From the post:
With an introduction by Paizo Publisher Erik Mona, Pathfinder Volume 1: Dark Waters Rising, launches the legendary heroes of Paizo’s role playing game system, Pathfinder Tales, into the comic book format with a bang. Utilizing the classic group of adventurers trope, Dark Waters Rising brings together the warrior, Valeros, sorceress Seoni, wizard Ezren, elven rogue Merisiel, dwarven ranger Harsk and cleric Kyra, to protect the town of Sandpoint from a growing Goblin infestation. Set in the world of Golarion, the book captures the Pathfinder setting quite nicely, painting a diverse and rich world full of mysteries to be solved and gold to be earned – if you’re brave of heart. All the things you would expect are here, including Goblins, evil sorcerers, quests, taverns (and tavern brawls), underground labyrinths, giant spiders, magic, and adventure. Lots of adventure.
Interested? You should be! But to read the rest of the review, you’re gonna have to click on over to the Kirkus Blog and send me cookies. Lots and lots of cookies… (no bagels!)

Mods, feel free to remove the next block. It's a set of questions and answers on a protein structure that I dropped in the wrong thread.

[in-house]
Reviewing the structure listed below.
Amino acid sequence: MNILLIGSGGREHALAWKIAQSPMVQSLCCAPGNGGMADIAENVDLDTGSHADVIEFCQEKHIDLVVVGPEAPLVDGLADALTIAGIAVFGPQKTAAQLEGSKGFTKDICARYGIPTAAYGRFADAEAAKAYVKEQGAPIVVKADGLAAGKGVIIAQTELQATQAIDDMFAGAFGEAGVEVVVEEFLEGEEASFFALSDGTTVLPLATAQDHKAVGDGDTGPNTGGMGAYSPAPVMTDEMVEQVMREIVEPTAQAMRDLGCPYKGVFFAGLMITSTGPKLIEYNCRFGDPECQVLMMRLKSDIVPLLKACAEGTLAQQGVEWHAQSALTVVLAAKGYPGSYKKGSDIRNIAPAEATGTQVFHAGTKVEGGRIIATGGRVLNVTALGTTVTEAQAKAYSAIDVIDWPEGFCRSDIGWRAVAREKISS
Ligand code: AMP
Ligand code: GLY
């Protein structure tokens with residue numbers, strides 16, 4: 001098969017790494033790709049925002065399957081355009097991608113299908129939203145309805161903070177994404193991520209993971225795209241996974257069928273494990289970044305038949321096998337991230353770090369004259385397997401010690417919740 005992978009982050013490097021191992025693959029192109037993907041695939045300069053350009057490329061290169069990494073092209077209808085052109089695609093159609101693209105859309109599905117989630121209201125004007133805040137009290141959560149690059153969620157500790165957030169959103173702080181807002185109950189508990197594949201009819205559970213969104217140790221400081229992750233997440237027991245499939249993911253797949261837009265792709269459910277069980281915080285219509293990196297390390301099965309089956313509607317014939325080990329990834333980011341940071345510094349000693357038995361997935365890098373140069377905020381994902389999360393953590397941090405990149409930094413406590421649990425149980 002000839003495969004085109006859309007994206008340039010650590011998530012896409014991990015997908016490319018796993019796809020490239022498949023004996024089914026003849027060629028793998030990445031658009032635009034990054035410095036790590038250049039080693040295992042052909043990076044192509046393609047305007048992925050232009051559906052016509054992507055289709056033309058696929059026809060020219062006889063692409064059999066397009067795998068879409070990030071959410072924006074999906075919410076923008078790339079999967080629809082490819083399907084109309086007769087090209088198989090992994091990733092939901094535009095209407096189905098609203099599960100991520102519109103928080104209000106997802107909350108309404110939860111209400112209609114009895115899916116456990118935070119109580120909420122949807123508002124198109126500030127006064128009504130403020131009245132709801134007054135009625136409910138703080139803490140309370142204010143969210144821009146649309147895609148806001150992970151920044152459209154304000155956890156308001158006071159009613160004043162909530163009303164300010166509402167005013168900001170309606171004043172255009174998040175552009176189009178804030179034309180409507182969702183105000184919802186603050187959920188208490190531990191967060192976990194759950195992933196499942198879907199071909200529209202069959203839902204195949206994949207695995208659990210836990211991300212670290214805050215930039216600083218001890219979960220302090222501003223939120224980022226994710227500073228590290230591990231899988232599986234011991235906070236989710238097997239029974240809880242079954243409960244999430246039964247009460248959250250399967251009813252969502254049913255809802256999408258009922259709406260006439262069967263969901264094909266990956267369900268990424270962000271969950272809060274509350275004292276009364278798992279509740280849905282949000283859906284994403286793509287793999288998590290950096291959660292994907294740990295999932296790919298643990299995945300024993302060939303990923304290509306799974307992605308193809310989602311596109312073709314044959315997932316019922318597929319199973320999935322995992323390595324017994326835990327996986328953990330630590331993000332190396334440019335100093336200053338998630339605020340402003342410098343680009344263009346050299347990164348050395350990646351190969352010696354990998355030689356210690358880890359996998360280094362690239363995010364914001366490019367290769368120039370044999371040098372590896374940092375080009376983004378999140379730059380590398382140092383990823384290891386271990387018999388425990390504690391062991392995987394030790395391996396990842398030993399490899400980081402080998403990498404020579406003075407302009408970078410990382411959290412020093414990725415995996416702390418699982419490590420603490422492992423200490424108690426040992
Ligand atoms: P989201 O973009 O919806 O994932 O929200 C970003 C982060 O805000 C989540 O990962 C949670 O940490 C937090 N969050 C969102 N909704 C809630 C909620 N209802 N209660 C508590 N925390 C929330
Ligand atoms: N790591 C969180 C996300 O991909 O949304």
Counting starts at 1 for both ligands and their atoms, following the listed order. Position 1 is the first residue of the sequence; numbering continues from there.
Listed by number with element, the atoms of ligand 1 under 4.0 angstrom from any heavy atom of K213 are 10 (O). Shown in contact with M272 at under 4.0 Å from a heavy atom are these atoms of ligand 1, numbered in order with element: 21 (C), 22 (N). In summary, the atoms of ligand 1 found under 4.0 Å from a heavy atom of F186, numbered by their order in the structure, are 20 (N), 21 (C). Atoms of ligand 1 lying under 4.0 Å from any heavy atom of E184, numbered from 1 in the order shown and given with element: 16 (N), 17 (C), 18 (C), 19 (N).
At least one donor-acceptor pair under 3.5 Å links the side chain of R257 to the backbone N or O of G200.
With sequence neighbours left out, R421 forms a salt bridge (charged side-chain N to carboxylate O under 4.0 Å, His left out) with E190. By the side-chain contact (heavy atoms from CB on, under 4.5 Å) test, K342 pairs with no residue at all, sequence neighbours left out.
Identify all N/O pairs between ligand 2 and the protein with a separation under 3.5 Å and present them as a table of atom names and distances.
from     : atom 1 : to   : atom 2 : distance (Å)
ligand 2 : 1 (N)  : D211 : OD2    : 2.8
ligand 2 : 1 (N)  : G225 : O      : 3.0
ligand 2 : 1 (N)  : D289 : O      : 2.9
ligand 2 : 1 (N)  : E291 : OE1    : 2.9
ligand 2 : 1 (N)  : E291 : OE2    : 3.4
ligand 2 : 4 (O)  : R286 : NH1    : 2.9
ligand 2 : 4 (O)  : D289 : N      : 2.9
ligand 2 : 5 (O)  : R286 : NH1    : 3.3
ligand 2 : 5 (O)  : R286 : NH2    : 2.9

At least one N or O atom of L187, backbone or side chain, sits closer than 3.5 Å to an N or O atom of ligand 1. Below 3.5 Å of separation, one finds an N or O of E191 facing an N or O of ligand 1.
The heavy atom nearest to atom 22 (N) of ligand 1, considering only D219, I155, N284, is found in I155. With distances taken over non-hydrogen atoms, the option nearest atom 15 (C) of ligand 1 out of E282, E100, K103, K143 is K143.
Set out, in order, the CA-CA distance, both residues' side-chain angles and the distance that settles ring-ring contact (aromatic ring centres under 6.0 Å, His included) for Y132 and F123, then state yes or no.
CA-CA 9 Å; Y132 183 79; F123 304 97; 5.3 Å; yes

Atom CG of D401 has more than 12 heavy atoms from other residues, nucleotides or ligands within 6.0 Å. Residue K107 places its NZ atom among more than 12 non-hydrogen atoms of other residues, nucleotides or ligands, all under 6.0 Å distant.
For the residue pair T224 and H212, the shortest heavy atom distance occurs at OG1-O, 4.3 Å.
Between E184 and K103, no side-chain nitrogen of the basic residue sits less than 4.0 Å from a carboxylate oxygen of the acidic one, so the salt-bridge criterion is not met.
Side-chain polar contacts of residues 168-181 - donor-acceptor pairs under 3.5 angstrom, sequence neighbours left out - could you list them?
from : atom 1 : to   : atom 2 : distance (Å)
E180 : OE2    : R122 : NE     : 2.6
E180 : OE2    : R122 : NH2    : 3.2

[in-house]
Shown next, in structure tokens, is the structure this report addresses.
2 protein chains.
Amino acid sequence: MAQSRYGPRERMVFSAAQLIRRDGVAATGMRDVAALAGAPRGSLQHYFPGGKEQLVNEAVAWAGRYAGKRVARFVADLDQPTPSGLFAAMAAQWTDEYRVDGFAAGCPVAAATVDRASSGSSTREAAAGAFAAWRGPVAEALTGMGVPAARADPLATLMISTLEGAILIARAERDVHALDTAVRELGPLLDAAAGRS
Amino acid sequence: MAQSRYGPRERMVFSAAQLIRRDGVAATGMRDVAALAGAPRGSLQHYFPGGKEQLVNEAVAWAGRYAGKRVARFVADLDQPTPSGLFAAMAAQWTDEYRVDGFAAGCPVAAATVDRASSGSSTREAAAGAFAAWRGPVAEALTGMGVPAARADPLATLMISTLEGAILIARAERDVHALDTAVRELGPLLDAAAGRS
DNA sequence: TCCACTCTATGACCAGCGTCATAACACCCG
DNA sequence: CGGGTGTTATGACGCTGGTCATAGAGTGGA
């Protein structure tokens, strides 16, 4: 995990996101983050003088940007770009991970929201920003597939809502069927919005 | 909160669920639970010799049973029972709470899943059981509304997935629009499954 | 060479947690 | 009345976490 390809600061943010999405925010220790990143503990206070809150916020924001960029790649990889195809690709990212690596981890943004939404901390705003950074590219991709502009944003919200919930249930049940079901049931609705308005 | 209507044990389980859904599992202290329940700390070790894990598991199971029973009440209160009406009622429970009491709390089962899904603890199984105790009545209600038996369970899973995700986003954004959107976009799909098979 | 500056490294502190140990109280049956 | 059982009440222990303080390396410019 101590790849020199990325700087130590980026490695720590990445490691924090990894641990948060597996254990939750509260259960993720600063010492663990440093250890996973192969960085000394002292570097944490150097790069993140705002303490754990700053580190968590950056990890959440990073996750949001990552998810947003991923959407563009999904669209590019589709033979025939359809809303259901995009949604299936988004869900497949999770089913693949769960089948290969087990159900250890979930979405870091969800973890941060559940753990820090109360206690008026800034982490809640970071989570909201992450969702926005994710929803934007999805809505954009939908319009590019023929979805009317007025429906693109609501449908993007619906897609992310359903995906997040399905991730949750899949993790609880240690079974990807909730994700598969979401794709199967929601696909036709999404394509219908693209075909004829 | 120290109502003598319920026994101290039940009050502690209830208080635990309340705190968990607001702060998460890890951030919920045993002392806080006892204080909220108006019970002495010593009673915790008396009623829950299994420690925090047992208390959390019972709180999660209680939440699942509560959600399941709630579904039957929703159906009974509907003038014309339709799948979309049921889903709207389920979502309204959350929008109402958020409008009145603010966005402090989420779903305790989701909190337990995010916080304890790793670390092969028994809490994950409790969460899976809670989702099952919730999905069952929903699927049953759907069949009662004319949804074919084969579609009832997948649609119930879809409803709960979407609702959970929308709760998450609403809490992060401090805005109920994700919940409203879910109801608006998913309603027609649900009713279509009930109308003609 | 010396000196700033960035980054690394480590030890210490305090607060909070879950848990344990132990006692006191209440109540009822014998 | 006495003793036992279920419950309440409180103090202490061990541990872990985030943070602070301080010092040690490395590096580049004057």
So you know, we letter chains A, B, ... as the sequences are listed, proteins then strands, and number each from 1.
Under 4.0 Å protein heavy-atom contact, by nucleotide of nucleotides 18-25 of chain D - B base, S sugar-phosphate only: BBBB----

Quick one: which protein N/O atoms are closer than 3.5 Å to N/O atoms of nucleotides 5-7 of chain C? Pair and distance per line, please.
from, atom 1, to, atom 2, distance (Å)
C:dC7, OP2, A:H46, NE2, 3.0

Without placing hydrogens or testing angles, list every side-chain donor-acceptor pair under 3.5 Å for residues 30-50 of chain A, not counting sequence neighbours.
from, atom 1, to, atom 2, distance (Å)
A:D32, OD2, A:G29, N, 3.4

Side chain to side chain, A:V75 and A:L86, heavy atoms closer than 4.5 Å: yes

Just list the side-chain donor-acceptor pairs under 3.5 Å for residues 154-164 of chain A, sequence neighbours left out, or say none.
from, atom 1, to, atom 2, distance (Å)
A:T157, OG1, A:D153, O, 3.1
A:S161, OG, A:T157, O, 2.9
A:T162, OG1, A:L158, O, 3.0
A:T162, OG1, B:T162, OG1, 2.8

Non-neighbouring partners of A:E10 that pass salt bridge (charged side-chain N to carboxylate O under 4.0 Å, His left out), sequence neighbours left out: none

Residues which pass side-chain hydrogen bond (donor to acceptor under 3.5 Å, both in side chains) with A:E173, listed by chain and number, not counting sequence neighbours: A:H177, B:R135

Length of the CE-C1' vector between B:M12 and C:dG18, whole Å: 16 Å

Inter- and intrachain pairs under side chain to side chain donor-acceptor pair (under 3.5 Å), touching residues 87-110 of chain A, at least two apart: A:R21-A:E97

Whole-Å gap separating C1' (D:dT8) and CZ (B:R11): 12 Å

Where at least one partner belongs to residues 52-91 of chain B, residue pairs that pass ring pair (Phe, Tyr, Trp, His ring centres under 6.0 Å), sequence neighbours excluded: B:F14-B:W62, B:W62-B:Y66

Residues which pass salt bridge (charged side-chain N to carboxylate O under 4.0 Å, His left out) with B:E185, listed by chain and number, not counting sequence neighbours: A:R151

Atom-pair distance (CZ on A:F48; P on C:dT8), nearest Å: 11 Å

But we’re getting ahead of ourselves. Here is what the book is about:
After a century of imprisonment, demons have broken free of the wardstones surrounding the Worldwound. As fiends flood south into civilized lands, Count Varian Jeggare and his hellspawn bodyguard Radovan must search through the ruins of a fallen nation for the blasphemous text that opened the gate to the Abyss in the first place-and which might hold the key to closing it. In order to succeed, however, the heroes will need to join forces with pious crusaders, barbaric local warriors, and even one of the legendary god callers. It’s a race against time as the companions fight their way across a broken land, facing off against fiends, monsters, and a vampire intent on becoming the god of blood-but will unearthing the dangerous book save the world, or destroy it completely? From best-selling author Dave Gross comes a new adventure set against the backdrop of the Wrath of the Righteous Adventure Path in the award-winning world of the Pathfinder Roleplaying Game.
Read on for a free excerpt and giveaway details…
BRIEF SYNOPSIS: A rogue-ish hero and his intelligent sword hire onto a quest. Their employers are looking for a lost relic, and our pair are looking for gold any way they can find it.